Greetings from Tuck’s Admissions Office! As you can imagine, admissions is a very cyclical process. During the spring and into the summer one of the things that keeps us busy is offering feedback to candidates who were not admitted. These applicants hope to either strengthen their candidacy while on the waitlist, or make themselves a better candidate for next year. While everyone is a little different – and often, the difficult truth is that the applicant pool was incredibly strong and our class size just can’t accommodate all of you awesome people – there are several areas for improvement that crop up again and again.
If you’re unsuccessful in your first attempt at admission into your dream MBA program, first take a few moments to assess your application. Self-aware applicants can usually identify the places in their application that are lacking. Then, read on for advice on eliminating, or at least minimizing, your weaknesses.
My undergraduate GPA is low.
If possible, start by acknowledging this in the optional essay and providing an explanation (not an excuse!). Then, prove to us that you’re capable of handling an extremely rigorous, and quant heavy, curriculum. You can do this by scoring well on the GMAT (or GRE), taking additional, supplemental classes beyond your undergraduate degree and submitting well-written essays. It’s also important to clearly show us areas you do excel in; leadership, global experiences, community involvement, etc.
My GMAT score is lower than I think it should be.
First thing to keep in mind--a school’s average GMAT is just that, an average. One big advantage to this challenge versus a low GPA is that you can choose to retake the GMAT (or GRE), without consequence. After giving it your best effort, if you feel like there’s no amount of additional preparation that will improve your score, you’re still not out of the game. Again, you’ll need to prove you can handle a rigorous quantitative curriculum; high undergraduate GPA, supplemental courses with good scores (we often suggest financial accounting, statistics and microeconomics), etc. Finally, highlight areas of your background that shine.
I come from a non-traditional professional background.
Great! Tuck values unique experiences and individuals – many students decide to go to business school with the intention of switching careers and/or industries, so you won’t be alone. This in itself is not why you were unsuccessful. However, you do have to show us through your essays and interview how that unconventional experience will actually bring a different and positive perspective to your classmates. Also, while you may not have been crunching numbers, there’s a good chance you’ve been honing skills that will help you succeed in business; leadership traits, interpersonal skills, communication expertise, etc. Be sure to tell us the reality of the situation, not just what you think we want to hear. Is your previous work experience based on a passion of yours? Wonderful! Let us know.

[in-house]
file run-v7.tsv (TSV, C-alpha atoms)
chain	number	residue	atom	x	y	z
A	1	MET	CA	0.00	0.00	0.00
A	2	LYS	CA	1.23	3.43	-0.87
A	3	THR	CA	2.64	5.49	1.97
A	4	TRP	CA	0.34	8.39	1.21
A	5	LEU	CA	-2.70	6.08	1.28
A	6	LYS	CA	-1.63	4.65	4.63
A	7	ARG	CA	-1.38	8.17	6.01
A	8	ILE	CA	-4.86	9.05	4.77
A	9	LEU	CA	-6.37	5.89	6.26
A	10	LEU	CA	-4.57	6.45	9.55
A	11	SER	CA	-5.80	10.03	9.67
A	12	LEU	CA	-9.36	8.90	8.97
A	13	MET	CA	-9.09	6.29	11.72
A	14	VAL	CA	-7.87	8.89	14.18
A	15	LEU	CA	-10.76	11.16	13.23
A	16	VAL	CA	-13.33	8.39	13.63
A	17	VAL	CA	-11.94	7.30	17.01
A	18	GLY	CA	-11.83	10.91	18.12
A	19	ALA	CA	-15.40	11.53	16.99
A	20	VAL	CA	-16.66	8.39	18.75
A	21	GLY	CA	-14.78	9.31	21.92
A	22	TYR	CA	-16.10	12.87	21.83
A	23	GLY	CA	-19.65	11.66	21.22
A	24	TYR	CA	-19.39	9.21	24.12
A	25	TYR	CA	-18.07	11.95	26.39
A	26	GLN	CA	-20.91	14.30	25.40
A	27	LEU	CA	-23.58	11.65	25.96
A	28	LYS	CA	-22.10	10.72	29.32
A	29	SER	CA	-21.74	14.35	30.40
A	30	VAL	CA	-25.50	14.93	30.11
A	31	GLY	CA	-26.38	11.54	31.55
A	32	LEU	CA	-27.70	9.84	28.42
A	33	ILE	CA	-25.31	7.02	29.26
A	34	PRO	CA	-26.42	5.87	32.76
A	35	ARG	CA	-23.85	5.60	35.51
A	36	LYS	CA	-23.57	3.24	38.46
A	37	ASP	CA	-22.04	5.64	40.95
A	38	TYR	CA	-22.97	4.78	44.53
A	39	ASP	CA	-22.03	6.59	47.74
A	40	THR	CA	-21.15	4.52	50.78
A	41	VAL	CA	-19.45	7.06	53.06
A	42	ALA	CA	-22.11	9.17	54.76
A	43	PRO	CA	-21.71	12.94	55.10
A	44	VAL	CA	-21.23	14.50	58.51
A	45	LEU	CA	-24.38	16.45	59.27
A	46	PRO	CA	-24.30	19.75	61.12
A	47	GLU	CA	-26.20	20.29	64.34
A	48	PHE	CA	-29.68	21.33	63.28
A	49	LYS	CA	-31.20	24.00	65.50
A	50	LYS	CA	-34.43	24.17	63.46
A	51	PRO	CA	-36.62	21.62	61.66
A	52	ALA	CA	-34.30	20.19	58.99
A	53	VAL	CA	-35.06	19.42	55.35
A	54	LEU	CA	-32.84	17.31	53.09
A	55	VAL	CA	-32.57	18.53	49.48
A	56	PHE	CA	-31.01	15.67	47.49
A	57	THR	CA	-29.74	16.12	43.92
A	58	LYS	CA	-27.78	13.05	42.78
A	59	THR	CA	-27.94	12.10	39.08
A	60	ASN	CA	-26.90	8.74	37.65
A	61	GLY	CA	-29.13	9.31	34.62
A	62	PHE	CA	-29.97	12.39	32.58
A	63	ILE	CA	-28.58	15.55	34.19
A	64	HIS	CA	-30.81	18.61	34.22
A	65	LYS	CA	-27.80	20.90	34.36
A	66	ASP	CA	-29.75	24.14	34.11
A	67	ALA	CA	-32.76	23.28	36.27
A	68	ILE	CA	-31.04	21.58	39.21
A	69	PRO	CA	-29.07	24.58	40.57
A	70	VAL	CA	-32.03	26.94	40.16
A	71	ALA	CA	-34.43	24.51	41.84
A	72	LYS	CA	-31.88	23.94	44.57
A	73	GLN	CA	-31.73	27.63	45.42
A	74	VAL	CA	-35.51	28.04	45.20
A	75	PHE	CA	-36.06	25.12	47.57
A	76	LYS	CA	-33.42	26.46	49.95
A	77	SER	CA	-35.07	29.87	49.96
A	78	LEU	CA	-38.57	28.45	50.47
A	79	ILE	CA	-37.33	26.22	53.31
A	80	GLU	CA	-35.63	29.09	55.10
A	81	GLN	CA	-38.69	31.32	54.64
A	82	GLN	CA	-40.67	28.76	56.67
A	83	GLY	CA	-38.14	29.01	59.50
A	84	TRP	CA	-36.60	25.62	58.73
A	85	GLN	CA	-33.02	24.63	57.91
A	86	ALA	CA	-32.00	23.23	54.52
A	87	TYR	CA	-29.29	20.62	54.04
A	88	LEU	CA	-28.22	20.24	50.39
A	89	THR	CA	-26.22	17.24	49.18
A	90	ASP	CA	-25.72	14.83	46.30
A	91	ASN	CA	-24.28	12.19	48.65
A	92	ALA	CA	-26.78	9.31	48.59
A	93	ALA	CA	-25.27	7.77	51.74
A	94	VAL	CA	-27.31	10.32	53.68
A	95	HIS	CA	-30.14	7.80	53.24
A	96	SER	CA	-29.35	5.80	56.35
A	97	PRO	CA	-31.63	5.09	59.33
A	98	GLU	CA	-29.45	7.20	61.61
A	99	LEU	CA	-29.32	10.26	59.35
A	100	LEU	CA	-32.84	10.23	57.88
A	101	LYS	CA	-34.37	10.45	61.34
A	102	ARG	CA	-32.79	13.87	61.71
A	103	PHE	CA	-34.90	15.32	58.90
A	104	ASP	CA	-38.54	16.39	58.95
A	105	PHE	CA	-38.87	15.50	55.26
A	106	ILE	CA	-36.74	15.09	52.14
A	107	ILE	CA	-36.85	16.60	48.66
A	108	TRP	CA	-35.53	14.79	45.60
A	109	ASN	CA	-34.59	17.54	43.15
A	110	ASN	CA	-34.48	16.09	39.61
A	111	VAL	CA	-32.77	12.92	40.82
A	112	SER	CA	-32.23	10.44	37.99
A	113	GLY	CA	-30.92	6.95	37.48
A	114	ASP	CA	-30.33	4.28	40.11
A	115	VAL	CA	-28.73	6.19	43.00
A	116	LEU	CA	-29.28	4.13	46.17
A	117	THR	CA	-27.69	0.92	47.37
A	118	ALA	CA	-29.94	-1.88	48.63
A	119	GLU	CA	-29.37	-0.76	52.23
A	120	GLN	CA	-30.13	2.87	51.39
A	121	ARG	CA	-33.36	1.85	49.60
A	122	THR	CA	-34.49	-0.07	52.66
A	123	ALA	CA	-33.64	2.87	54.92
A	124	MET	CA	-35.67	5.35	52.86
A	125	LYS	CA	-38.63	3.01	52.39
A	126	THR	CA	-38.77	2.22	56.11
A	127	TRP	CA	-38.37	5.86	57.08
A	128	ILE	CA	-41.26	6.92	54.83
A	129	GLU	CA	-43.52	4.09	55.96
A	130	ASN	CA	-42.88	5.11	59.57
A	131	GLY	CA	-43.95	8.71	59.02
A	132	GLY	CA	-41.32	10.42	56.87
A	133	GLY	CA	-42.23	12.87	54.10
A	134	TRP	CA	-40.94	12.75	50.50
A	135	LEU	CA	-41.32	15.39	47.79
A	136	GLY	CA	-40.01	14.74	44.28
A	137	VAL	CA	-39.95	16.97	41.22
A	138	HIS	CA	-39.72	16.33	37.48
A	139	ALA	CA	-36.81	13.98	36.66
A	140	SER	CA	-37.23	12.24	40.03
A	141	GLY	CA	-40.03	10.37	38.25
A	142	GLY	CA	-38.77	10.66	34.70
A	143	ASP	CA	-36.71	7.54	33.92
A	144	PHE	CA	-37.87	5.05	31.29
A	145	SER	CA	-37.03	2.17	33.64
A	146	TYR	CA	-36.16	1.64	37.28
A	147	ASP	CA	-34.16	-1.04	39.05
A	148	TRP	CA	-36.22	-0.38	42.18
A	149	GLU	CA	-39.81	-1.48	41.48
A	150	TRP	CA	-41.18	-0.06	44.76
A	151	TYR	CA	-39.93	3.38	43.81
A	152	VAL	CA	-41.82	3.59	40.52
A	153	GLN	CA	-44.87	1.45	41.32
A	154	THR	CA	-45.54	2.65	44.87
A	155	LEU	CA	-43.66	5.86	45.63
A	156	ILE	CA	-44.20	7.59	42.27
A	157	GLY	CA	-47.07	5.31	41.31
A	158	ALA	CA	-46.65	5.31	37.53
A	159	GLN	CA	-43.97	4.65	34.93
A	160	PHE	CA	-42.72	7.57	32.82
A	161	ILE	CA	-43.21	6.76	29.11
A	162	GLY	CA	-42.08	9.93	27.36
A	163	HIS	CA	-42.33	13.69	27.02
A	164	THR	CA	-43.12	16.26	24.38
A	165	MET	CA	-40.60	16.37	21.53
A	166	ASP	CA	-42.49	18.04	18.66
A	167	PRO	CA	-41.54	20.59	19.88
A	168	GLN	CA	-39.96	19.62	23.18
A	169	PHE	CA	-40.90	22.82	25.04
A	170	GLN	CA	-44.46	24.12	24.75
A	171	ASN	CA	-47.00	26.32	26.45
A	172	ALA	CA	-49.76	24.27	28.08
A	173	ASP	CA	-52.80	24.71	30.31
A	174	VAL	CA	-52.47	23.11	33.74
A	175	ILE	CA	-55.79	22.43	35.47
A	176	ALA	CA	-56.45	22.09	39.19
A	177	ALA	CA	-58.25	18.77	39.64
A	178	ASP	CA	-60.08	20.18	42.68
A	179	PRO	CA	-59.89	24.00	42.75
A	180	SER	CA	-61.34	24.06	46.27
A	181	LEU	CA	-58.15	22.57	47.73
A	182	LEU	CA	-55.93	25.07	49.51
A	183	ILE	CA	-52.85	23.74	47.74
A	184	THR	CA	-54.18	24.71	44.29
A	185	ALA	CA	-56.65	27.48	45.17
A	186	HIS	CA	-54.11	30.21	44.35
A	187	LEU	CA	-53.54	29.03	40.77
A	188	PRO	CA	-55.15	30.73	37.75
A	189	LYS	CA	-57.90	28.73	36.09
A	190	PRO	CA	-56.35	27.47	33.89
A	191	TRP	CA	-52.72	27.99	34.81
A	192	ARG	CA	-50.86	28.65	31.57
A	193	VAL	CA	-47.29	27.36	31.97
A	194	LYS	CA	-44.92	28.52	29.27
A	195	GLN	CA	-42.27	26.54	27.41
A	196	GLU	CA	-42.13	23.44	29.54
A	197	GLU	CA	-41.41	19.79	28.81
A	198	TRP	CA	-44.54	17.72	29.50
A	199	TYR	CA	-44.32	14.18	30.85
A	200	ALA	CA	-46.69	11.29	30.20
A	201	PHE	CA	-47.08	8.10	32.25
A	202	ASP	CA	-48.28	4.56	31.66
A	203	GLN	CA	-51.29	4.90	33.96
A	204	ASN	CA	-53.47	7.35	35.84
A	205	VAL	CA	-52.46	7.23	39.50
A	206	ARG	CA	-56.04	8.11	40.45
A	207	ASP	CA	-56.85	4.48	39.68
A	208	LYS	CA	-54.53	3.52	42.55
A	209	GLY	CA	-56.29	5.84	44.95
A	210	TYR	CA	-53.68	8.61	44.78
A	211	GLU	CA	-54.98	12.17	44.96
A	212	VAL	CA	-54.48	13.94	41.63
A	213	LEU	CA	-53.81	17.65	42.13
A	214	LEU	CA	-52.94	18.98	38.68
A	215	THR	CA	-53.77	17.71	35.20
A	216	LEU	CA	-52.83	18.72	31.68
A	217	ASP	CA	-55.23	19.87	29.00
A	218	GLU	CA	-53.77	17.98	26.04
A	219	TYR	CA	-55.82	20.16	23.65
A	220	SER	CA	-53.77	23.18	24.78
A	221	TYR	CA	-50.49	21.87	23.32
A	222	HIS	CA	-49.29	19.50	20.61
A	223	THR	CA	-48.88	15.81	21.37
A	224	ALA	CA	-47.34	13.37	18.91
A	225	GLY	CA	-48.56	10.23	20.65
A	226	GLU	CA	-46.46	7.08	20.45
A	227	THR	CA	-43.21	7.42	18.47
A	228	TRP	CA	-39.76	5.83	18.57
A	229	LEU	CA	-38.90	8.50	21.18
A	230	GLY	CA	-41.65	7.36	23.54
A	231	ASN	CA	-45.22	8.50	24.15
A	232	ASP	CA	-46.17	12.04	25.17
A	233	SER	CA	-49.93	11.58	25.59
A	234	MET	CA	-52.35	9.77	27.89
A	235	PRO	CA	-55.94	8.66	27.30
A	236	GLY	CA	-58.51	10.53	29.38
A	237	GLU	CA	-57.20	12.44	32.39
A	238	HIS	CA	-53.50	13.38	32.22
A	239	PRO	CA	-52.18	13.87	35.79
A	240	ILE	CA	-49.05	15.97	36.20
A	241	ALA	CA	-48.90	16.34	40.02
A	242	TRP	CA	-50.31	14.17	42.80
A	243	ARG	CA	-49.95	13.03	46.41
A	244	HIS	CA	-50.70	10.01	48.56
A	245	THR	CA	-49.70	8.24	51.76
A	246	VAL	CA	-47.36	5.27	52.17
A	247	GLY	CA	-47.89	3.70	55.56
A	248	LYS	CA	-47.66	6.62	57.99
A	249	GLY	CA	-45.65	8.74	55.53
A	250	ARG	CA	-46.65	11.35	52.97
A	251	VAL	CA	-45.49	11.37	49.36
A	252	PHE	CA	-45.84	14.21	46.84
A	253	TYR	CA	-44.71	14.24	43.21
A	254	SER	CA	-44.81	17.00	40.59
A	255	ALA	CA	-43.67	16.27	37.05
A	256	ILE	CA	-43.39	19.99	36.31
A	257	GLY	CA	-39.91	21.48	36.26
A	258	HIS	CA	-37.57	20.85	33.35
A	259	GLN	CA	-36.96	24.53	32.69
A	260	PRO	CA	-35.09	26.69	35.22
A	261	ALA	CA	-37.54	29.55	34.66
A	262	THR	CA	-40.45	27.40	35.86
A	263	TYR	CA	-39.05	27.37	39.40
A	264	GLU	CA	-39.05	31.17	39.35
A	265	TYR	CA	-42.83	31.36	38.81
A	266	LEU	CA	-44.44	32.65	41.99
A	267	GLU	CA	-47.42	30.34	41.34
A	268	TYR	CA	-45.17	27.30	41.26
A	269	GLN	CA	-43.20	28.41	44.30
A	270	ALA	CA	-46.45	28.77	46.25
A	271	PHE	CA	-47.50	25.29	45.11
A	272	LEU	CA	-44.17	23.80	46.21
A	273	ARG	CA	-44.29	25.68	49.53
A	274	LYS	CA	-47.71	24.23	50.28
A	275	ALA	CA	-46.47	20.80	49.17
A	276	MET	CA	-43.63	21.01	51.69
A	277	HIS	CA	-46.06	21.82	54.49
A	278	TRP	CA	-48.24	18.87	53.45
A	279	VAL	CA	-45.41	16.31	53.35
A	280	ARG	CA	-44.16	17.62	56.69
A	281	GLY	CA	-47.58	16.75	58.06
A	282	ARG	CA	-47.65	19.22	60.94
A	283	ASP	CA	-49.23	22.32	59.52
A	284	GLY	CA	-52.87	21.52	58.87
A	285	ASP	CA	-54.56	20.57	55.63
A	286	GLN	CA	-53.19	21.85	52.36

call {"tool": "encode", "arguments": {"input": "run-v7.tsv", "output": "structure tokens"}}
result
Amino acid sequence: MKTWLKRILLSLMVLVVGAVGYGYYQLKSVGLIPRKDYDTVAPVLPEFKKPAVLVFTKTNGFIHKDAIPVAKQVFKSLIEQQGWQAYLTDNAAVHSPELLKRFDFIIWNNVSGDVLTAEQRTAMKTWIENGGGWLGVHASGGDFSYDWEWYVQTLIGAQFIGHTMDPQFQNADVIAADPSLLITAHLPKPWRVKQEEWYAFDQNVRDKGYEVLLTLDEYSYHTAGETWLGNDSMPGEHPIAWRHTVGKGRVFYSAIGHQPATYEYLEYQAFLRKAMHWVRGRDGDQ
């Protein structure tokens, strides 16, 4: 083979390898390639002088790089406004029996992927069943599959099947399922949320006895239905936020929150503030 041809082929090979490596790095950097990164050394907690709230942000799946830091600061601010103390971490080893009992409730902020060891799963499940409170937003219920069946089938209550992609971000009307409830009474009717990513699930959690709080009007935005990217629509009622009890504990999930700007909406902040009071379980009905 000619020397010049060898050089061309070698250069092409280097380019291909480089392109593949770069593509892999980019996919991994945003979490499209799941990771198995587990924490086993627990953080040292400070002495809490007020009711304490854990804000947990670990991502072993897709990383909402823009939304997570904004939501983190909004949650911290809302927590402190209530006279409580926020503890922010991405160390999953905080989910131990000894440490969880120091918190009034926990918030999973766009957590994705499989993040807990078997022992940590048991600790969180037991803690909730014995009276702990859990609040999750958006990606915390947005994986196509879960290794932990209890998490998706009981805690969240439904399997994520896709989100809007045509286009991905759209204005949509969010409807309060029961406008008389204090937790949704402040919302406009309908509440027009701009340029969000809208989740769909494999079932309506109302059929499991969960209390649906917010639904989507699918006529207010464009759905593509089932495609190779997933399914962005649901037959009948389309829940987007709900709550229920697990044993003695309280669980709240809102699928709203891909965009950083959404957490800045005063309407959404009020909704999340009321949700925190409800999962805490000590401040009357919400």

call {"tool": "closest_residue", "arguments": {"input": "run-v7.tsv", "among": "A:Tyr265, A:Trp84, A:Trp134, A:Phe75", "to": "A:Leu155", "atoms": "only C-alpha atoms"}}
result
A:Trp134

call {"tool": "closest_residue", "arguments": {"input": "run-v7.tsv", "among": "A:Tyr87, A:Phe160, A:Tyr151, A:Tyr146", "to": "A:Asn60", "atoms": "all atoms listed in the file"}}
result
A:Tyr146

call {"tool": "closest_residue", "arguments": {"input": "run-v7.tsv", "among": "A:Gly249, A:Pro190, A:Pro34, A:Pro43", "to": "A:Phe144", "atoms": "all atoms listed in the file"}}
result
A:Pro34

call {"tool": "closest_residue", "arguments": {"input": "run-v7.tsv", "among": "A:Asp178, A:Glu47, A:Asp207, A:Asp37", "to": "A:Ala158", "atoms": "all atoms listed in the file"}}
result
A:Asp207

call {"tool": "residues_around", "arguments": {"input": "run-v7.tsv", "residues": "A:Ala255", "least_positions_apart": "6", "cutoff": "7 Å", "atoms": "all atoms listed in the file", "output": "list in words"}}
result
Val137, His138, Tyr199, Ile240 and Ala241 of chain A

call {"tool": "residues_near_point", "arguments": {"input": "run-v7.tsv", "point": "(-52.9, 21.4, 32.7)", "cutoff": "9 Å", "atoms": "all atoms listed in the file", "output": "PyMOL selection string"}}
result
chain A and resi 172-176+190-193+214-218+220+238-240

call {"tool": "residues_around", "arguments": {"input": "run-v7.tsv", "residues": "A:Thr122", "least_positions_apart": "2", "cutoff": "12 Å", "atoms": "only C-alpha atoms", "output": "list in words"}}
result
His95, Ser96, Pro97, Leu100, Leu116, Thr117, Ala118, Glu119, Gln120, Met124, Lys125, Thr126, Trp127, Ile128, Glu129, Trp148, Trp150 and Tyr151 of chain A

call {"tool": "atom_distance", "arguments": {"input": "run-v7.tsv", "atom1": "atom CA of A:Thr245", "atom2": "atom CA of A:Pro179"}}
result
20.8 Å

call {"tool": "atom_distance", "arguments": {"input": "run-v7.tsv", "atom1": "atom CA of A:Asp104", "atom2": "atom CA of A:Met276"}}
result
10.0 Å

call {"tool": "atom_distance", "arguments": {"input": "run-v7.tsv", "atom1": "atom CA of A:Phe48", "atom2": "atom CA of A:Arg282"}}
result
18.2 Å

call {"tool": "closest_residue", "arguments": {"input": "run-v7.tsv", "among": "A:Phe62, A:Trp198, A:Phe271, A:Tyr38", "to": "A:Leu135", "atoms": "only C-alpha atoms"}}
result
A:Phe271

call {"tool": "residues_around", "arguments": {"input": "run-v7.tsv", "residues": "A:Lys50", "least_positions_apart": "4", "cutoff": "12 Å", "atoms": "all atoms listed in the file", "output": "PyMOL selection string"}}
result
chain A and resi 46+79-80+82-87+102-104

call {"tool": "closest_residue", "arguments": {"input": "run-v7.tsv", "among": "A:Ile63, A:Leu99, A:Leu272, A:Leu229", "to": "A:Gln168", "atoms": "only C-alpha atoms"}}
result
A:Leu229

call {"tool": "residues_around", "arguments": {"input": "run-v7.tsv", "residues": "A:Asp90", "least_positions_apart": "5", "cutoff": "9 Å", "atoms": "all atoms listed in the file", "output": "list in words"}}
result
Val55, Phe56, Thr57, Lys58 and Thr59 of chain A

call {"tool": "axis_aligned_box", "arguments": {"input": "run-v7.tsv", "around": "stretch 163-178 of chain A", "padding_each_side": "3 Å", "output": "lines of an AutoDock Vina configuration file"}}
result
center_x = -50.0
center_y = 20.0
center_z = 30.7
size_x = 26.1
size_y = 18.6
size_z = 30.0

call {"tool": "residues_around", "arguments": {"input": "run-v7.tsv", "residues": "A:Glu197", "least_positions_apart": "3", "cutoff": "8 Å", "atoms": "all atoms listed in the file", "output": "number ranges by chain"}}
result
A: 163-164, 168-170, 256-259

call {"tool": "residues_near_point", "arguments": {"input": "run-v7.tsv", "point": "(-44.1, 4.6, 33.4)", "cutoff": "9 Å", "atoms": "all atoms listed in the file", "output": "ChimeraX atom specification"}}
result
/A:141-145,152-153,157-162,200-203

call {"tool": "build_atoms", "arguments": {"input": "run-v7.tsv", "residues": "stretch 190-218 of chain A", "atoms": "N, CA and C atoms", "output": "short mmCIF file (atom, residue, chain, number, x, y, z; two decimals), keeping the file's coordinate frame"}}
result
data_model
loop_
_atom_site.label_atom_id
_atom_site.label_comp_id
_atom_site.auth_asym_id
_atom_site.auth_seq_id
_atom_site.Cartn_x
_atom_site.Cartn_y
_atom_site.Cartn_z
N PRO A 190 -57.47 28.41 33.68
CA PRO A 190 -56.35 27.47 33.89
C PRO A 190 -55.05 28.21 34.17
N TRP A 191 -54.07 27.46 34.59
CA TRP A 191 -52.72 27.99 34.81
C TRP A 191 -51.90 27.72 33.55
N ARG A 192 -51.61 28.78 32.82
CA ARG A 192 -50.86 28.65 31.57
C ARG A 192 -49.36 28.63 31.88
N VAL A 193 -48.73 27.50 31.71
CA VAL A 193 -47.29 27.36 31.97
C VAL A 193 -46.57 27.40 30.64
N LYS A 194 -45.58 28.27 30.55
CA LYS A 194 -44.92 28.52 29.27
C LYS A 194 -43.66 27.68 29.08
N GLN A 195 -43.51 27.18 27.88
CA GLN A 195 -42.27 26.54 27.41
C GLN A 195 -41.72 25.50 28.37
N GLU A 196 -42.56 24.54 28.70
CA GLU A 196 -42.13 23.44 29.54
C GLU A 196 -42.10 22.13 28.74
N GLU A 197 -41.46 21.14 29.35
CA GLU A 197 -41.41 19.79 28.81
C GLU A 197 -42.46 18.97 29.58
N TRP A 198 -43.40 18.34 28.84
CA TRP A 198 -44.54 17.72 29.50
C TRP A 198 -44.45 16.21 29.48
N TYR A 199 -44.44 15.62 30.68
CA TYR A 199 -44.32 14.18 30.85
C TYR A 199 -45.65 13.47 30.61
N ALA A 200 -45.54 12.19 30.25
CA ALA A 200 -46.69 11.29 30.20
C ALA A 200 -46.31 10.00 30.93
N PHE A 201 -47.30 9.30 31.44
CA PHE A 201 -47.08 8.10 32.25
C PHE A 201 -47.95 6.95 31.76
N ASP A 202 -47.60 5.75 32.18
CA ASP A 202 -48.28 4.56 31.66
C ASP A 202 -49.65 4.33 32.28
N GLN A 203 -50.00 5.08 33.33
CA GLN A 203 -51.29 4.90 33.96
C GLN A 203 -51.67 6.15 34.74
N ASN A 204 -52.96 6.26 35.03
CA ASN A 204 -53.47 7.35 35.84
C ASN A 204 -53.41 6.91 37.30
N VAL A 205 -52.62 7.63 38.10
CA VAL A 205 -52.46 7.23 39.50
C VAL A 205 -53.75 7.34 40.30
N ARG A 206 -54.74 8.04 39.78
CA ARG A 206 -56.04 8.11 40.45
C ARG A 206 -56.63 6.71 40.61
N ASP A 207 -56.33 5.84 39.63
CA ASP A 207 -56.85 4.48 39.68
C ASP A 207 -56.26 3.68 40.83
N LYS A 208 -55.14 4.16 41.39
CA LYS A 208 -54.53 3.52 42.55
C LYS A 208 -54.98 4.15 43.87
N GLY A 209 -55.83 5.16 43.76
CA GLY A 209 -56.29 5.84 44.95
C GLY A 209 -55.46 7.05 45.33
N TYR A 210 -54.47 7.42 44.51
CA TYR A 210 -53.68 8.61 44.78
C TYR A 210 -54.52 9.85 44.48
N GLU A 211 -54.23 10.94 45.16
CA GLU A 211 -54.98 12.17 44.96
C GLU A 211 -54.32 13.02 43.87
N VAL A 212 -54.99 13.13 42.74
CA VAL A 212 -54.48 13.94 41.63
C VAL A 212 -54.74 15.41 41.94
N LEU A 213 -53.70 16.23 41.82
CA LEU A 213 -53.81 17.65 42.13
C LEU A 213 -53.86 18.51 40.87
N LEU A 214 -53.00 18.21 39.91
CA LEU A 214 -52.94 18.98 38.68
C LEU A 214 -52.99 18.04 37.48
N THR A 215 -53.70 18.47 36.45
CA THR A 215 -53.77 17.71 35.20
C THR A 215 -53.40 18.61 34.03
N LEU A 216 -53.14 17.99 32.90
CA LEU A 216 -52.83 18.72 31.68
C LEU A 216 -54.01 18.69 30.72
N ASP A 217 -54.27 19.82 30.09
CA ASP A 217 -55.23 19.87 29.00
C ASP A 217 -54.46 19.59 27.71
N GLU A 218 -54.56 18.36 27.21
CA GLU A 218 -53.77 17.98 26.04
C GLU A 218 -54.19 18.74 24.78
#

Additionally, take some more time to reflect on these important questions – for you and for us. What are your long-term goals? How will an MBA help you achieve them? Why now? Why Tuck? Once you answered these, if your path still leads you to Tuck, your sincerity and passion will be evident.
I have very little global experience.
Like everything else, global experience is an important factor in your application, but certainly not the only one. You may have more global experience than you think. Have you worked or lived outside your home country? Have you visited for an extended period of time? Have you worked with global clients within your home country? Do you know a second language? Make sure to think broadly.
Or, maybe this is the perfect time to jump on that international opportunity you’ve been postponing!
I haven’t had substantial leadership experience.
Like a lack of global experience, you may have more leadership experience than you think. Consider times you led without a formal title. Do you take the reins when it comes to projects with your colleagues? Was there a committee or sub-committee that you steered in undergrad or for a non-profit or athletic endeavor? Likewise, it could be a great time to volunteer for leadership roles in the workplace, or perhaps volunteer for this responsibility in a community activity you’re involved in.
I had a couple of jobs in a short period of time – or something else that might look bad.
This definitely happens and for a variety of different reasons. The most important thing here is to explain the situation. The less information you give us, the more we have to guess and though we’d love to give everyone the benefit of the doubt, this method may not be to our advantage, or yours. The optional essay is a great place to address job switching and employment gaps.
I’m concerned about my letters of recommendation.
The most common concern here comes from not having been able to ask a current supervisor. While it’s certainly helpful to have the insight of a direct supervisor, not having one isn’t a deal breaker. Other good options could be the person you reported to prior to your current boss, current clients, a colleague who led a team for a project you worked on or the director of your department or team. The key thing to remember is when selecting recommenders, focus on people who can really speak to your strengths (and weaknesses) in key areas such as leadership, teamwork, and aptitude. Former professors, family members or your little league coach won’t help you.
Here’s the key: rather than resolve yourself to months of worry and regret over things you can’t change, there are many ways to actively turn a less than ideal situation into a more positive one. Also, you probably noticed a theme: the application process really is holistic. Really! We know that you’re way more than just one particular data point. Good luck!